Tony Blair is attracted by the idea of bringing forward the date at which parents express a preference for schools so that the most popular ones would have more time to boost capacity by providing more teachers and classrooms.
Instead of being asked to choose their favoured secondary schools in October or November for the term starting the following September, the process would be brought forward by almost a year and parents would make their choice in January.
Supporters say this would ensure that more parents got their children into their "first choice" school. They admit the scheme would have to include a tough policy on closing unpopular schools, whose buildings could be taken over by expanding ones.
Before he stands down as Prime Minister, Mr Blair is determined to make public services more consumer-oriented. In a parallel move last week, John Reid, the Health Secretary, said he would allow hospitals that did not attract enough patients to close.
The "real choice" plan for schools is floated today by the former Cabinet minister Stephen Byers, who is advising Mr Blair on the Labour manifesto. Writing in the modernisers' journal Progress, he said: "In practice we presently have a school admissions timetable which is just about rationing out places at good, popular schools. This could be changed by bringing the whole process forward."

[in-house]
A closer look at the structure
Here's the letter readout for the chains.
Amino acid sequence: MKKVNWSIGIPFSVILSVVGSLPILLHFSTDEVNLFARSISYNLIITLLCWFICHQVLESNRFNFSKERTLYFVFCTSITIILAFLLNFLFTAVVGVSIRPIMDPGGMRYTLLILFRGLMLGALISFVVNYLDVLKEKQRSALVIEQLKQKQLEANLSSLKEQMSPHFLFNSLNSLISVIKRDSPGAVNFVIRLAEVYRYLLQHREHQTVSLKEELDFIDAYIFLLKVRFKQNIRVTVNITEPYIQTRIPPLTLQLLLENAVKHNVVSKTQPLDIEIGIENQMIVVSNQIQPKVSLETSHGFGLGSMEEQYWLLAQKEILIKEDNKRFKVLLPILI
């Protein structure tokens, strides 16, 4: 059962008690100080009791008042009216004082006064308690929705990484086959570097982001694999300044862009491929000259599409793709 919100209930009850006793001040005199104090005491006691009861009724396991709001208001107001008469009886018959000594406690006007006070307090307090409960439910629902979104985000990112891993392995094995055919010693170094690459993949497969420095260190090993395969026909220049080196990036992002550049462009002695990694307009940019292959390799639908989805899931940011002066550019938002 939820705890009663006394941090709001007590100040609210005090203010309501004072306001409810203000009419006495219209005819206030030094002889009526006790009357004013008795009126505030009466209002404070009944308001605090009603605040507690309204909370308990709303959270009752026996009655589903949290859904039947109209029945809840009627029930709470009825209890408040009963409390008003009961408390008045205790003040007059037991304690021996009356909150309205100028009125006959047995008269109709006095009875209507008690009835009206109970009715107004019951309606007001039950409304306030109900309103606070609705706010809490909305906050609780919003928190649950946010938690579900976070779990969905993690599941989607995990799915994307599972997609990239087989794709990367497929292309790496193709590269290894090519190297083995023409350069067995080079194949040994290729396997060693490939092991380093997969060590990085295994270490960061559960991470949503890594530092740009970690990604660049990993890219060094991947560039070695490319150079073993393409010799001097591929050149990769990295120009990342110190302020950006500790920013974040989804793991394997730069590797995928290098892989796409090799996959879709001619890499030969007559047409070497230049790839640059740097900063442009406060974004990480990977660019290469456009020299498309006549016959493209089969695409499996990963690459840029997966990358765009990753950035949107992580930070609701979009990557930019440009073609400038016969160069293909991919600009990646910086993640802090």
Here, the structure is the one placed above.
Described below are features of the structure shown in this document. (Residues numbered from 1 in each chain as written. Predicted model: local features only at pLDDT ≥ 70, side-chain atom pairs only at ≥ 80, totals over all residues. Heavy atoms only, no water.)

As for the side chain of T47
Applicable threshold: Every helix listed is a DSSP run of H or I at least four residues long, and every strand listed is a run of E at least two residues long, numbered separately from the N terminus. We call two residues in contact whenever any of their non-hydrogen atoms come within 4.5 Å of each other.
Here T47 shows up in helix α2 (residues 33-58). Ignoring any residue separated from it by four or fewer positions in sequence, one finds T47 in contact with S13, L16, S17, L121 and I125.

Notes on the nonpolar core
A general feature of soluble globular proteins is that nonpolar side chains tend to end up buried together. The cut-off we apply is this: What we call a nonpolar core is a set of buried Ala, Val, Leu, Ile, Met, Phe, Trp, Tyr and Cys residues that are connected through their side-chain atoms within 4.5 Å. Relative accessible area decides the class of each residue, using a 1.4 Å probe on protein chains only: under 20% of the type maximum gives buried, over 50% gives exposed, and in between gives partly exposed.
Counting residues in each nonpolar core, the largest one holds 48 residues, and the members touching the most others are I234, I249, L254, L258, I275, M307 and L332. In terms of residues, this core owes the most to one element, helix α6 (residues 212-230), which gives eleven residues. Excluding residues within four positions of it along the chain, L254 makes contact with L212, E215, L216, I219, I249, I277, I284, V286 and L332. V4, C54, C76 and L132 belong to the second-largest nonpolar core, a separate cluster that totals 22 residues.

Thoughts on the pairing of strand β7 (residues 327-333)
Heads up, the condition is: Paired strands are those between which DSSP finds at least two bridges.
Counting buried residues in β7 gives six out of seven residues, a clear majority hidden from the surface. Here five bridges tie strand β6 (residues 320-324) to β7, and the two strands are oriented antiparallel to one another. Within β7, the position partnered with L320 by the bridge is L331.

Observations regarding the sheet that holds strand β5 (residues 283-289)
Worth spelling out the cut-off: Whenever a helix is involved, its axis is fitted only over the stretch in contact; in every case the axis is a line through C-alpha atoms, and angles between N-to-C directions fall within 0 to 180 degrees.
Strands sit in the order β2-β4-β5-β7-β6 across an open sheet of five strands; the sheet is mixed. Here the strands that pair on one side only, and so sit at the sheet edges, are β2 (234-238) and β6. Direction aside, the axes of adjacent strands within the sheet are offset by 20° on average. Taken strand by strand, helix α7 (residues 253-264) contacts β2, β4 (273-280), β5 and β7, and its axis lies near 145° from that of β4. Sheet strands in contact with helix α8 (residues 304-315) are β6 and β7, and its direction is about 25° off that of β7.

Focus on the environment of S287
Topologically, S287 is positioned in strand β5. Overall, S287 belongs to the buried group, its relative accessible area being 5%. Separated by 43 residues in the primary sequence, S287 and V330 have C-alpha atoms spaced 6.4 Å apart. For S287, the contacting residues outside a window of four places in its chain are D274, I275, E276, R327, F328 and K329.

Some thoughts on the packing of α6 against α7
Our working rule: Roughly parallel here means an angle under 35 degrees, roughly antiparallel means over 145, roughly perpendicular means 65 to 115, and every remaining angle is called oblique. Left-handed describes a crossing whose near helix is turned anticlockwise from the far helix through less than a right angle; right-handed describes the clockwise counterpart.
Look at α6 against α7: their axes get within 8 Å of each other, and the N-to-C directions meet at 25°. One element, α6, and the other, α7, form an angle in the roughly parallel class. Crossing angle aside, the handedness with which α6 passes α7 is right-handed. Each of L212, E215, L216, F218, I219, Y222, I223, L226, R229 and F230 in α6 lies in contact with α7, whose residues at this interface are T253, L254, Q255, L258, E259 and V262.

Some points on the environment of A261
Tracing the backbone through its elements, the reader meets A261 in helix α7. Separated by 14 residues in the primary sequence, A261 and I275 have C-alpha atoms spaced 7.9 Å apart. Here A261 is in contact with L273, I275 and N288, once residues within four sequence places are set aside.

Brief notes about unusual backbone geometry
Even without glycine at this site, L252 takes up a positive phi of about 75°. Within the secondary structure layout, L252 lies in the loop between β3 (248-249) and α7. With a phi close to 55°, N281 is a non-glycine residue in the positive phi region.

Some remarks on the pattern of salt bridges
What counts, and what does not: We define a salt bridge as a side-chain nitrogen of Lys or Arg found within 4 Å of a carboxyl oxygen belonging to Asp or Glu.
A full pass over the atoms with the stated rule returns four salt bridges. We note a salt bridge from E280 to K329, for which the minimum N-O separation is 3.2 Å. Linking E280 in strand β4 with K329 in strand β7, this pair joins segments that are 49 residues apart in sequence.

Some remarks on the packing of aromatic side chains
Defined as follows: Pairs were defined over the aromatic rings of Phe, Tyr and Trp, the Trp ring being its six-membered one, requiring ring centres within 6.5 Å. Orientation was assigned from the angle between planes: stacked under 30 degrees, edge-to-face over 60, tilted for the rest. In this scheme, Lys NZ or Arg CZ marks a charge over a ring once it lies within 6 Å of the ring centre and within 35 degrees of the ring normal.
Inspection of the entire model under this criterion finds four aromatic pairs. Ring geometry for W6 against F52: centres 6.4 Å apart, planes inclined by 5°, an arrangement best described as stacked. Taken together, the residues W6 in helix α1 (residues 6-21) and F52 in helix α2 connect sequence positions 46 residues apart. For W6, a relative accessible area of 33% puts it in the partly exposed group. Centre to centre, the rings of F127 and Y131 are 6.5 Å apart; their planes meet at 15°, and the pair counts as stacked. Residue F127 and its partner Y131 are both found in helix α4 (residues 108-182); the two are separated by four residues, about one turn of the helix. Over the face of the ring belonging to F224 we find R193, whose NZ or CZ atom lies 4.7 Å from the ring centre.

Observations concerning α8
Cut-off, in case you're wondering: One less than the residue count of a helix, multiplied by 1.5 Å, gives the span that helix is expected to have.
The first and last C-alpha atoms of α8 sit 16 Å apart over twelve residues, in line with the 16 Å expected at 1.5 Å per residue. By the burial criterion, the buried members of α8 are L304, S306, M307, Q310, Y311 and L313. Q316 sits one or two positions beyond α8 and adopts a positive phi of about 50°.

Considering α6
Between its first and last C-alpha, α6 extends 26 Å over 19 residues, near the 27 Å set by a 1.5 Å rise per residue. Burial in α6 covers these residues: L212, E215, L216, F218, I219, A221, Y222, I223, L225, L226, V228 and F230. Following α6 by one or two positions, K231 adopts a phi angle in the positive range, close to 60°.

Mr Byers added: "Popular schools are already able to expand but in practice find it difficult to do so. Changing the admissions timetable coupled with the removal of the present restrictions and limitations placed on schools to be replaced by a new freedom to expand to meet parental choice would revolutionise our schools system. It would take control away from vested interests and place it in the hands of parents. They, after all, are in a unique position to know what is in their child's best interests.
"School choice puts the levers of power in the hands of parents. They as citizens can be empowered to be a driving force for improvement. By their decisions they will raise standards and improve the quality of education."
The plan is being considered for inclusion in Labour's general election manifesto. Ruth Kelly, the Education Secretary, is sympathetic - but officials in her department are said to be sceptical about a major extension of "choice."
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